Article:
The COVID-19 pandemic saw rapid policymaking embolden many infringements of rights. International business associations played a significant role in Asia during the crisis as force multipliers, ‘matchmakers’, fundraisers and lobbyists for rights-based principles, according to a survey conducted by non-profit management consultancy APAC GATES.

The research found that business associations active in Asia during the height of the COVID-19 pandemic advocated for human rights where business interests aligned with rights-based principles such as access to information, freedom of movement, equal treatment and non-discrimination. Some associations undertook even greater social and public interest roles in organising the distribution of personal protective equipment and matchmaking civil society needs with the resources of member businesses. They occasionally collaborated with national human rights committees and lobbied local governments over policies relating to internet access and access to medical treatment.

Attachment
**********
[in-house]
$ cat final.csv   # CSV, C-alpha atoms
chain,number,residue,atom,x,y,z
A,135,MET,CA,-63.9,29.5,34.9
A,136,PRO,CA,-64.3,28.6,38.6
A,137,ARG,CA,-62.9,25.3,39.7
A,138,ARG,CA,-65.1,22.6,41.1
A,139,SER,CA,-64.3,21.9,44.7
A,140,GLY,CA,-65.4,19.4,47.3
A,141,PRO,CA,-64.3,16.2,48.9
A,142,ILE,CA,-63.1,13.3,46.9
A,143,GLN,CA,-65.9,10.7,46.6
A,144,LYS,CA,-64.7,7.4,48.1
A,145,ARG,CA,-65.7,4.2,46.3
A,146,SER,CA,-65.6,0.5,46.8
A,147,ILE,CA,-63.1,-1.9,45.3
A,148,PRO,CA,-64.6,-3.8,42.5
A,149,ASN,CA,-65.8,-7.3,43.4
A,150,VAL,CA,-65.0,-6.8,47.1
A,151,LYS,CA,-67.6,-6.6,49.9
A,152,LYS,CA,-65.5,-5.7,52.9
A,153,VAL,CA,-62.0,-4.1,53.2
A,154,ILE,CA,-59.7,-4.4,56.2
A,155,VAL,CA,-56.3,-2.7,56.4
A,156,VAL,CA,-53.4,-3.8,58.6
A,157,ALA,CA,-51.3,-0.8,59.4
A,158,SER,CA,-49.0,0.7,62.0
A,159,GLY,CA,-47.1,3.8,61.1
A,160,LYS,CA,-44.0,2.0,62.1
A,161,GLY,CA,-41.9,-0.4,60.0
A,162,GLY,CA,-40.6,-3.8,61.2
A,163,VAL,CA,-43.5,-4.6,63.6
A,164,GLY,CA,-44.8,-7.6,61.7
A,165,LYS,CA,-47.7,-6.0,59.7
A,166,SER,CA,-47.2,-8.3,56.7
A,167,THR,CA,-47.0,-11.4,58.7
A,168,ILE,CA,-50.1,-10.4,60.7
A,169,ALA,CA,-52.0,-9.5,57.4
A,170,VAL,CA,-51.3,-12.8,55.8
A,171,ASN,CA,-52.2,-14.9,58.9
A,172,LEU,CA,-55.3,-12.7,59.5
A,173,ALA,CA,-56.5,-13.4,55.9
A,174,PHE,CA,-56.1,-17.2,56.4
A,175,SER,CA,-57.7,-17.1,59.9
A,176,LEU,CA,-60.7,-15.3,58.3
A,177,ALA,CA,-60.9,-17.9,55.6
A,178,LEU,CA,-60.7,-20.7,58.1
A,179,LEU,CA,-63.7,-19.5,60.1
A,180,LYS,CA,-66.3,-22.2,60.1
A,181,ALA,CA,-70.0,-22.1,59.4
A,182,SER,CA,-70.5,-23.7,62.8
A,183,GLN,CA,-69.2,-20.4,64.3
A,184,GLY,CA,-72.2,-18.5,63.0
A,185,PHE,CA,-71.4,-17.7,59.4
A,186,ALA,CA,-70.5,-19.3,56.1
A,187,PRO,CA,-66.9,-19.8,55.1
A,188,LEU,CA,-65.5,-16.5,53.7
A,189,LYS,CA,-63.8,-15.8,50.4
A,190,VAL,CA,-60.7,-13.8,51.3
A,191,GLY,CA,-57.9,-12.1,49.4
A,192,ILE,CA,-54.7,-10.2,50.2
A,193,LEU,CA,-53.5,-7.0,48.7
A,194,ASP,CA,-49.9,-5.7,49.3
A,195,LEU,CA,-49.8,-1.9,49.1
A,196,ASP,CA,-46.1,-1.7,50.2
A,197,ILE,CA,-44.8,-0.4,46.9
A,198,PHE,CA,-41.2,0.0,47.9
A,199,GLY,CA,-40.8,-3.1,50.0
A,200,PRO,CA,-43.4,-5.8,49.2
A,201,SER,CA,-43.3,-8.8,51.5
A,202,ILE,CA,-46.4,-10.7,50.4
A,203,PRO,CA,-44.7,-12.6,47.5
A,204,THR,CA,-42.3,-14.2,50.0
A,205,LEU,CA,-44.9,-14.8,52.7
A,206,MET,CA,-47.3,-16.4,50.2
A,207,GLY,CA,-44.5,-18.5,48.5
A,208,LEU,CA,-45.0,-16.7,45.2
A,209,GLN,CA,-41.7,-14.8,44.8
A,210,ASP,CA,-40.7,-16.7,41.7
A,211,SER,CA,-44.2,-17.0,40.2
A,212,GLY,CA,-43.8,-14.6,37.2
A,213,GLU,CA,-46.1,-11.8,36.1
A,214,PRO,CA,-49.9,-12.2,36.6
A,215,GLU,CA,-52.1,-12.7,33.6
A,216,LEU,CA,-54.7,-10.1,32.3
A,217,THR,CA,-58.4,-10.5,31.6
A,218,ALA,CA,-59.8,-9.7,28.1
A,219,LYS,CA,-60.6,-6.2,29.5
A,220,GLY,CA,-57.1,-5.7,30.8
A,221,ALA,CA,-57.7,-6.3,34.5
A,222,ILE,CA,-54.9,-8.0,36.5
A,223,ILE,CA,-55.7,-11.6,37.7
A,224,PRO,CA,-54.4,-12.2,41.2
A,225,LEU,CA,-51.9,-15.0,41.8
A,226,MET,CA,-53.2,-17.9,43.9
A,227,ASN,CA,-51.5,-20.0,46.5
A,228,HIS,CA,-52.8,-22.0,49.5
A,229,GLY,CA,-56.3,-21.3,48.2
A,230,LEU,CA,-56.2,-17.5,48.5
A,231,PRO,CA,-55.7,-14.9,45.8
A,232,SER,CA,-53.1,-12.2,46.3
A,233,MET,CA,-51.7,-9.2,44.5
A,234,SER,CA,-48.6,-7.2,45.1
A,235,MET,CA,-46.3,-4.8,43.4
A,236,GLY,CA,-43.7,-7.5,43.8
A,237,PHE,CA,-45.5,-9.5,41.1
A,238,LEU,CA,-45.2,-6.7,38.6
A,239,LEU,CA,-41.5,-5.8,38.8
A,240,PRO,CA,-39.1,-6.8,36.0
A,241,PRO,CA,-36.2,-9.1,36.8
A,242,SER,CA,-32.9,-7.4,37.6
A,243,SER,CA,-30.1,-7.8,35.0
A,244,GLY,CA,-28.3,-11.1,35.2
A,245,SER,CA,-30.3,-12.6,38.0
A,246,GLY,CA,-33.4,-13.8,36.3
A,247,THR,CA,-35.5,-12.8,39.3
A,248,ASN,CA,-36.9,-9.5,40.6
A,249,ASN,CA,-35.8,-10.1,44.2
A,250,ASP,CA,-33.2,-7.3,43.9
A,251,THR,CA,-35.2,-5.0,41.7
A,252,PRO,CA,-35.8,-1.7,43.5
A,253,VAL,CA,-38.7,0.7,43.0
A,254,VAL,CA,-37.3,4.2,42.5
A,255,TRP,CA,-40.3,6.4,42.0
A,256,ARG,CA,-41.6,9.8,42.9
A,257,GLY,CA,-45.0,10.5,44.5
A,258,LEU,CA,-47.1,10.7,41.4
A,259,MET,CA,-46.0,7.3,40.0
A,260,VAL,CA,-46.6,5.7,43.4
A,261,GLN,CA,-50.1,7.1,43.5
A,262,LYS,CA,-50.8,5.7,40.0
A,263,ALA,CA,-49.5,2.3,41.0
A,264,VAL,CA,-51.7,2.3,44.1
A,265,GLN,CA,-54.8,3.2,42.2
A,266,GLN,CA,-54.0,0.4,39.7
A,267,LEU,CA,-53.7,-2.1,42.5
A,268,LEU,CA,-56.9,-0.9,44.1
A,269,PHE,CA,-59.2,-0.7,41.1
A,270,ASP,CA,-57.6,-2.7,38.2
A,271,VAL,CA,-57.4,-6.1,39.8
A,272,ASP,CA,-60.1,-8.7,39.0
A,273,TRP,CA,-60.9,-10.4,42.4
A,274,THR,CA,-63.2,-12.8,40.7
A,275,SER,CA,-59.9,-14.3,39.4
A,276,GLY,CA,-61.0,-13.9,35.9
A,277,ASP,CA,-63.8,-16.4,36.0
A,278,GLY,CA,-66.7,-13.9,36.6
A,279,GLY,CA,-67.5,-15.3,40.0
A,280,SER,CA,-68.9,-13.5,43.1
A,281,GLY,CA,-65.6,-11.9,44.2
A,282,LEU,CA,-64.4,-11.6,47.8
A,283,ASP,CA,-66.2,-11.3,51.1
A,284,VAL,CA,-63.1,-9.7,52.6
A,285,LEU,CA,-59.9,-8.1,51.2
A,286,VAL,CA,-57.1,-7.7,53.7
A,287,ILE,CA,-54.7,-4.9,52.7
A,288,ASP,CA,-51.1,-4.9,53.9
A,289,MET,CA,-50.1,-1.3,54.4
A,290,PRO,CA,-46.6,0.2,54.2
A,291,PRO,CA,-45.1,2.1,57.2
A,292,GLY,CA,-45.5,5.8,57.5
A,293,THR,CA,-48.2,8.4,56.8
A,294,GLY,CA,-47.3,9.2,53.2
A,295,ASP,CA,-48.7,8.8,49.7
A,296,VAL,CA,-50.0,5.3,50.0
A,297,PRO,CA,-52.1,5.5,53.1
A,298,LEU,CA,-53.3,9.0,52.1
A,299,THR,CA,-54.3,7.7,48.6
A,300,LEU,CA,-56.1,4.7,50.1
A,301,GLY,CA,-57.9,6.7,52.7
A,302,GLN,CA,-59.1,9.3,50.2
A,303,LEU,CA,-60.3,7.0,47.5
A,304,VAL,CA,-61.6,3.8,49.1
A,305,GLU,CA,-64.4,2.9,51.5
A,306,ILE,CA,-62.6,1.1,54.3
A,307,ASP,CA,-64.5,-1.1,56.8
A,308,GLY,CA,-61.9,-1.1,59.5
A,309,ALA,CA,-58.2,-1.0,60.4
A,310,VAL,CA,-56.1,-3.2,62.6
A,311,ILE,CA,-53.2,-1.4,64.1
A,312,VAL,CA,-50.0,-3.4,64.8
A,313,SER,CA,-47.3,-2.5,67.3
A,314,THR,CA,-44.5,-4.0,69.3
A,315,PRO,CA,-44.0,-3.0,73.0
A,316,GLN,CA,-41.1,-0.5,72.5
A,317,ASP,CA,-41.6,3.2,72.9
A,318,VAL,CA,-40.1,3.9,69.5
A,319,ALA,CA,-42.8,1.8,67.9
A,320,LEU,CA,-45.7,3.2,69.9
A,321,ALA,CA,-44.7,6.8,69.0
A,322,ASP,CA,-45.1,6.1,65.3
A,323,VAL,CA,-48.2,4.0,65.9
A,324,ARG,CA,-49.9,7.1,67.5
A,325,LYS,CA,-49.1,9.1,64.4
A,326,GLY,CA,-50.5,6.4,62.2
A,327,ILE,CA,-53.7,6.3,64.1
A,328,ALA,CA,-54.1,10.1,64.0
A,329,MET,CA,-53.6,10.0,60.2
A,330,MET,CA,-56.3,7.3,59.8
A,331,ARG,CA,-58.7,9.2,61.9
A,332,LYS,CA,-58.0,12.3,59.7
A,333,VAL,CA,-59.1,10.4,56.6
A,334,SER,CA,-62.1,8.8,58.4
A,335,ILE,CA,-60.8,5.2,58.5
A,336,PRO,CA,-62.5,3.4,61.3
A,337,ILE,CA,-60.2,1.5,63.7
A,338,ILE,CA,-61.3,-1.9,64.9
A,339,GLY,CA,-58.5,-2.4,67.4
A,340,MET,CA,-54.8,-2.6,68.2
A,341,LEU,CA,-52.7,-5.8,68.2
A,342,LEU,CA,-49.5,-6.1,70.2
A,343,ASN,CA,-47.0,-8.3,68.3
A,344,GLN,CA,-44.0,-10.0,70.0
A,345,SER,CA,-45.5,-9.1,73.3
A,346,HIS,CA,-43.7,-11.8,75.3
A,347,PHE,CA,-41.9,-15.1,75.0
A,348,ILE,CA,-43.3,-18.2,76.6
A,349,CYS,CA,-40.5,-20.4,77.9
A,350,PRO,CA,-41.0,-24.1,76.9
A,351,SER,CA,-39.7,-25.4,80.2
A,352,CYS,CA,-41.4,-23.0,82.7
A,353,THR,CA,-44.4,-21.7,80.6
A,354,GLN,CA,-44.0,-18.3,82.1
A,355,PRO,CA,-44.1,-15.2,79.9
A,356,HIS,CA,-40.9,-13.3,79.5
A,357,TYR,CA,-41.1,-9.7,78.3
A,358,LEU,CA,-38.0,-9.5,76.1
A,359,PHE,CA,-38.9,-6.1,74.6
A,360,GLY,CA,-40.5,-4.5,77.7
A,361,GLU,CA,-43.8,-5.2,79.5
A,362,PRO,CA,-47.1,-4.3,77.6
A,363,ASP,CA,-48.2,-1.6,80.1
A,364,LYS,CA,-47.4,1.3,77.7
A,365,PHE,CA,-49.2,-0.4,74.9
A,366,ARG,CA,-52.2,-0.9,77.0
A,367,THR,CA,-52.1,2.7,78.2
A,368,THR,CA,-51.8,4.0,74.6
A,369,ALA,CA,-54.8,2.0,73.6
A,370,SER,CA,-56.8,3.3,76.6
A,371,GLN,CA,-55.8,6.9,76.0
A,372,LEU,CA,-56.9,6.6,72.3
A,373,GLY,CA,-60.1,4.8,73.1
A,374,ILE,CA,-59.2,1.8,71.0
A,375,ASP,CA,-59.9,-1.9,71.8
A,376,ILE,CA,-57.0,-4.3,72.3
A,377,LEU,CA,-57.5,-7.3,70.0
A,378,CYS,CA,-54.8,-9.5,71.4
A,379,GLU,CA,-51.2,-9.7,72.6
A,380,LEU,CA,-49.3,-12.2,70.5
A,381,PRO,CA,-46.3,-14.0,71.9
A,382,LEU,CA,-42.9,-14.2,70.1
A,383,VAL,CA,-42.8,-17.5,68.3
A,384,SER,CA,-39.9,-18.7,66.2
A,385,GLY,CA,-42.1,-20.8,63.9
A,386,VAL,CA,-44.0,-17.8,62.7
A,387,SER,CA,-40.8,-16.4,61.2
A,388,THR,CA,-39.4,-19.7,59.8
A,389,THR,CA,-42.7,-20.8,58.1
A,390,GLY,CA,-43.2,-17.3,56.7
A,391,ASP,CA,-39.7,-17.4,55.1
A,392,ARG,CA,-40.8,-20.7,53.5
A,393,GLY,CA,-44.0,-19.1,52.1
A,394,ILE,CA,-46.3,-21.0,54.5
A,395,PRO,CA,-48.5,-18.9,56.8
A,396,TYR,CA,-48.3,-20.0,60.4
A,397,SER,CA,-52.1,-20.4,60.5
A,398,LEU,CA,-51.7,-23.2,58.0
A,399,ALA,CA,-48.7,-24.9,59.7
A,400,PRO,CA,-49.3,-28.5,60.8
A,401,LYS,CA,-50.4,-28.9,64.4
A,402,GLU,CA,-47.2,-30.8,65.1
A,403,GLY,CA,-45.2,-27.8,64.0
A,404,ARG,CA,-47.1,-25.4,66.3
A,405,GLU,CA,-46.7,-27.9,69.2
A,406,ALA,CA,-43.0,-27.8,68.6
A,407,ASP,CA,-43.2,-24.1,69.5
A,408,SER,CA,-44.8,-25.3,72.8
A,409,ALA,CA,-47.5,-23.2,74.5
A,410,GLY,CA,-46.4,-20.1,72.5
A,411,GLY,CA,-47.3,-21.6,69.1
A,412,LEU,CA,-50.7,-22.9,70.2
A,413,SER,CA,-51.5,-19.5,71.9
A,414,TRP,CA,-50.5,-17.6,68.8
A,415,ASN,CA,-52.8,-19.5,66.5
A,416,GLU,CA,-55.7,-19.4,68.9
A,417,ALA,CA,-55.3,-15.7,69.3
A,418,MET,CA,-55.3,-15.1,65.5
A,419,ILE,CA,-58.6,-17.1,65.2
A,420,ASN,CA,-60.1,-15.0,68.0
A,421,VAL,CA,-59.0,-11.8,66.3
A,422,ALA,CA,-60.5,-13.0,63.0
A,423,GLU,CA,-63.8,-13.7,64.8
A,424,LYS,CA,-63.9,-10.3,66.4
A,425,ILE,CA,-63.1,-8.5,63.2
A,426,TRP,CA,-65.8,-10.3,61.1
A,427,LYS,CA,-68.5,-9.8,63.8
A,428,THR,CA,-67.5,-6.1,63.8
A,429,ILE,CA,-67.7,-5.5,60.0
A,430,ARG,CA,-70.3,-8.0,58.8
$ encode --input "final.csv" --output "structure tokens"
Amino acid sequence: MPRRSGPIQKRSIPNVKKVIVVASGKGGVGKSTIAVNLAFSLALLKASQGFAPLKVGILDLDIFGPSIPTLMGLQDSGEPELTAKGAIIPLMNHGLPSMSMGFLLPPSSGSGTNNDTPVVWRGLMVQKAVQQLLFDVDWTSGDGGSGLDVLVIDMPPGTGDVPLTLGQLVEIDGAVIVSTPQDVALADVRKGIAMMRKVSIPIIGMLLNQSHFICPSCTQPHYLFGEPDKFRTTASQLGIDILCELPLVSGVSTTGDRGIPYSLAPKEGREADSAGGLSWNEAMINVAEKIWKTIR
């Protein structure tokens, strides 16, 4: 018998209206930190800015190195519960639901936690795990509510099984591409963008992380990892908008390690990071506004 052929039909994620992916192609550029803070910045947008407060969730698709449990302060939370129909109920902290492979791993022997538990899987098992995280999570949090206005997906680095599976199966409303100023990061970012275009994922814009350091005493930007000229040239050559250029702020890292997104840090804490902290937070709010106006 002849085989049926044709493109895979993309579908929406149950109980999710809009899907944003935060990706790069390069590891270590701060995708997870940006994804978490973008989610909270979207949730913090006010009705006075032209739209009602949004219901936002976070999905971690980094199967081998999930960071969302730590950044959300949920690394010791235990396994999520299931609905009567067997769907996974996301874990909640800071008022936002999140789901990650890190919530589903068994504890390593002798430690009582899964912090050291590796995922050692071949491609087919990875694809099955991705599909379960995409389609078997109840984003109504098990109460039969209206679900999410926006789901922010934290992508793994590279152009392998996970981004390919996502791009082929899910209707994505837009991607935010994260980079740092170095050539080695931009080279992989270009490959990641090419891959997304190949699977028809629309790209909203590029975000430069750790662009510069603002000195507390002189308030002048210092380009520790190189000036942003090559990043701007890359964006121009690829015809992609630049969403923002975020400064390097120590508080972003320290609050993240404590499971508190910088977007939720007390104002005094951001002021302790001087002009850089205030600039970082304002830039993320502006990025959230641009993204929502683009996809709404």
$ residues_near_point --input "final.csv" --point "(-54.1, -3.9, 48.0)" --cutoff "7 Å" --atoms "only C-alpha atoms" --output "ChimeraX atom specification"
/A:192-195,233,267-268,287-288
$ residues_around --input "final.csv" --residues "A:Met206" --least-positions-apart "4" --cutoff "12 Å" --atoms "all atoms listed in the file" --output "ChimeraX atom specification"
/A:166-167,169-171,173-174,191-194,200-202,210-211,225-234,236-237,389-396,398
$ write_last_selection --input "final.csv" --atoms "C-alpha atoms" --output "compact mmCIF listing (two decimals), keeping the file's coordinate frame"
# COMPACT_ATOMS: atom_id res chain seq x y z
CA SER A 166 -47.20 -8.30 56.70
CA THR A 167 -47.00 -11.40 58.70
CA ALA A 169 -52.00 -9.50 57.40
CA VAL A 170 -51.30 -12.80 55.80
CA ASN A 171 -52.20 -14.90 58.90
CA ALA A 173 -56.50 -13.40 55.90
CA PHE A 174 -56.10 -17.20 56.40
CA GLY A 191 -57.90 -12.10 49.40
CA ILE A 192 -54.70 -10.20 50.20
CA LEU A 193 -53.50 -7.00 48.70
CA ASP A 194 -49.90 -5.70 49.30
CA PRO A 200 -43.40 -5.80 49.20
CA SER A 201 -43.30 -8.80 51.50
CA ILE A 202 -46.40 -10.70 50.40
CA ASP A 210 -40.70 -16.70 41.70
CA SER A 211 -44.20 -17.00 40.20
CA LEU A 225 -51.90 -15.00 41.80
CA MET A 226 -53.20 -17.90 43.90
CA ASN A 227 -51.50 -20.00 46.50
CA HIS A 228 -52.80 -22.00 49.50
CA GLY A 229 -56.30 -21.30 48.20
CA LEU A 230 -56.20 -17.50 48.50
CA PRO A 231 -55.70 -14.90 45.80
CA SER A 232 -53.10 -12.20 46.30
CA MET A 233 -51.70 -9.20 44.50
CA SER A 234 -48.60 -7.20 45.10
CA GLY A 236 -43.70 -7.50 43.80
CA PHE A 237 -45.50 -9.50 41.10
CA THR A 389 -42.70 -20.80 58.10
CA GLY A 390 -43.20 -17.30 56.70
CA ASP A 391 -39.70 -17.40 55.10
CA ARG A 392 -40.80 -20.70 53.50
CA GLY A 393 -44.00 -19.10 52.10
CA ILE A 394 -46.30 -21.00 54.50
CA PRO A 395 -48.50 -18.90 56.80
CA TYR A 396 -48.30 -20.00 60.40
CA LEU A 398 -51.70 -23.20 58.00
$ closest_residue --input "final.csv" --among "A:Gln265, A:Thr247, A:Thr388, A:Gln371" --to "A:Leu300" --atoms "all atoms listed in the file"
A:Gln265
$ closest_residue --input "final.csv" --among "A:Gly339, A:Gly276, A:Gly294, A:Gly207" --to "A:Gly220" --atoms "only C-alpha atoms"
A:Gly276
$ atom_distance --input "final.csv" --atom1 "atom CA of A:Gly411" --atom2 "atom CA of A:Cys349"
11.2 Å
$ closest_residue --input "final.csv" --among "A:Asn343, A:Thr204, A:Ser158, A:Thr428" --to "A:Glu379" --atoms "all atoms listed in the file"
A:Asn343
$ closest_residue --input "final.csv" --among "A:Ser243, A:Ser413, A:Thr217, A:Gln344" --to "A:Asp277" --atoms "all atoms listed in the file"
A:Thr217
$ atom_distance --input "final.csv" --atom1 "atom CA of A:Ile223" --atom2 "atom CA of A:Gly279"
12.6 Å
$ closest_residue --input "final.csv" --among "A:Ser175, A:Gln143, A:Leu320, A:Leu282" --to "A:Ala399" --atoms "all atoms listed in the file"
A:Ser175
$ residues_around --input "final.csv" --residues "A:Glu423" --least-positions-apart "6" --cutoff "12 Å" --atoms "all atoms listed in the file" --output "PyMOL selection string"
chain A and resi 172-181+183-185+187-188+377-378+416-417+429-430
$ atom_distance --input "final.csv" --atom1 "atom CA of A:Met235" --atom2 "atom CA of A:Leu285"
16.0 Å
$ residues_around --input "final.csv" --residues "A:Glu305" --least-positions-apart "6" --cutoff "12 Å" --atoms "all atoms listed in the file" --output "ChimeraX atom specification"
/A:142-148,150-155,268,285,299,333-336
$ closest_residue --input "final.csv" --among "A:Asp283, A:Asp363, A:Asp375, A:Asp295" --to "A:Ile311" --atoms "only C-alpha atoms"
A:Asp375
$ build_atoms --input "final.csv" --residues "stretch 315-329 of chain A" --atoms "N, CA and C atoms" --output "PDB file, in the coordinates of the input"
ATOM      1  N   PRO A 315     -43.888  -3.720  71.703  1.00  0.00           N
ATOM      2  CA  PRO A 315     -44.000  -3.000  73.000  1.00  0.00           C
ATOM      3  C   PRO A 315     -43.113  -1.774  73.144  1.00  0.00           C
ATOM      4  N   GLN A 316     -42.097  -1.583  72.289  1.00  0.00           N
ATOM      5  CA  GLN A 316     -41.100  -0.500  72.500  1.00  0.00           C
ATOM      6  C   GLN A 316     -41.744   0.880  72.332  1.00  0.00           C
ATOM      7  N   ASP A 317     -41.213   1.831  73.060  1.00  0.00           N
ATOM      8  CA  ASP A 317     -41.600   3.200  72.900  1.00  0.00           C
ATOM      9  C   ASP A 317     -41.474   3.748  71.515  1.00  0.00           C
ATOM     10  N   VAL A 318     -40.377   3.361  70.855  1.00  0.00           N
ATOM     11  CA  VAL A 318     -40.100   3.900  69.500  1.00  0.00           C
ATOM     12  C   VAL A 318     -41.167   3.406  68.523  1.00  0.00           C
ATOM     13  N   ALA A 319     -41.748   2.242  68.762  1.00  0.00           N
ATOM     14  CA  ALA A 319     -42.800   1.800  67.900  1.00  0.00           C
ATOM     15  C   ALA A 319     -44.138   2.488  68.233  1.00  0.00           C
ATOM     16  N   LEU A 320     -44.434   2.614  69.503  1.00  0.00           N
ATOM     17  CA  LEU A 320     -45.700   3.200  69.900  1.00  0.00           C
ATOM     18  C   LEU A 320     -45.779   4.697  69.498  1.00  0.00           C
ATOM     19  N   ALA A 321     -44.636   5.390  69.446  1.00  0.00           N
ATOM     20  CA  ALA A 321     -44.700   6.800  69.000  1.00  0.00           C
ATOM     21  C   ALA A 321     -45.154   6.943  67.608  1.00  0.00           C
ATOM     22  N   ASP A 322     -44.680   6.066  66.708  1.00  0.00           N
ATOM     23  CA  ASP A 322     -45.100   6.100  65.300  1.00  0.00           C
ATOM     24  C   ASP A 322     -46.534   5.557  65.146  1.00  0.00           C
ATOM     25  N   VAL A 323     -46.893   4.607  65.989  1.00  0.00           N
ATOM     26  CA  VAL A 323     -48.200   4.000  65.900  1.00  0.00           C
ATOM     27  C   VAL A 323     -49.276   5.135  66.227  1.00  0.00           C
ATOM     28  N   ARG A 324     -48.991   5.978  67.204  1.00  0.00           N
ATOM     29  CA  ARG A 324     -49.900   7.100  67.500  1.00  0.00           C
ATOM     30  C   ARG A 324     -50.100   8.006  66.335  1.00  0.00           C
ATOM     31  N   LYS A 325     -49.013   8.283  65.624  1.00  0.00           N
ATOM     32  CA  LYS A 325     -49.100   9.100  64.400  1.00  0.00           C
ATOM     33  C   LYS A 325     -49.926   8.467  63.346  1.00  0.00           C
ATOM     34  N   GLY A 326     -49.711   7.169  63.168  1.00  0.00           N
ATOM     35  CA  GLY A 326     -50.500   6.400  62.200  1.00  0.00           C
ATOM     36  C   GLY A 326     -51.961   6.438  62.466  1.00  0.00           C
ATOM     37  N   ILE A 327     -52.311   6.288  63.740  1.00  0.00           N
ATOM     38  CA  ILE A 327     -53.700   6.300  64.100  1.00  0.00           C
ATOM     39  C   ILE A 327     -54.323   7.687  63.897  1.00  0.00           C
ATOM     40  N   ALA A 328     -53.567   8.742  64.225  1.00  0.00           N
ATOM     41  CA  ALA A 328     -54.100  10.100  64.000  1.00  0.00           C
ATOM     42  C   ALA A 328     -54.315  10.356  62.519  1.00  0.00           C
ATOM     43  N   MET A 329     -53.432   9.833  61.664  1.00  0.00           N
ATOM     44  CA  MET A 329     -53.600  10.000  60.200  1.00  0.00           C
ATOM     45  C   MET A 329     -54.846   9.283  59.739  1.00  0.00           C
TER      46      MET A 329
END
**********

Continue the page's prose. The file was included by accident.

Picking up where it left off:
Businesses have long self-regulated using strategies aligned with the concepts of corporate social responsibility (CSR), ESG and ethical financing to maximise their social impacts. Leading enterprises such as OpenAI have chosen to incorporate as non-profits or accredit themselves under standards such as the B Corp certification to signal to stakeholders their commitments to public interest principles.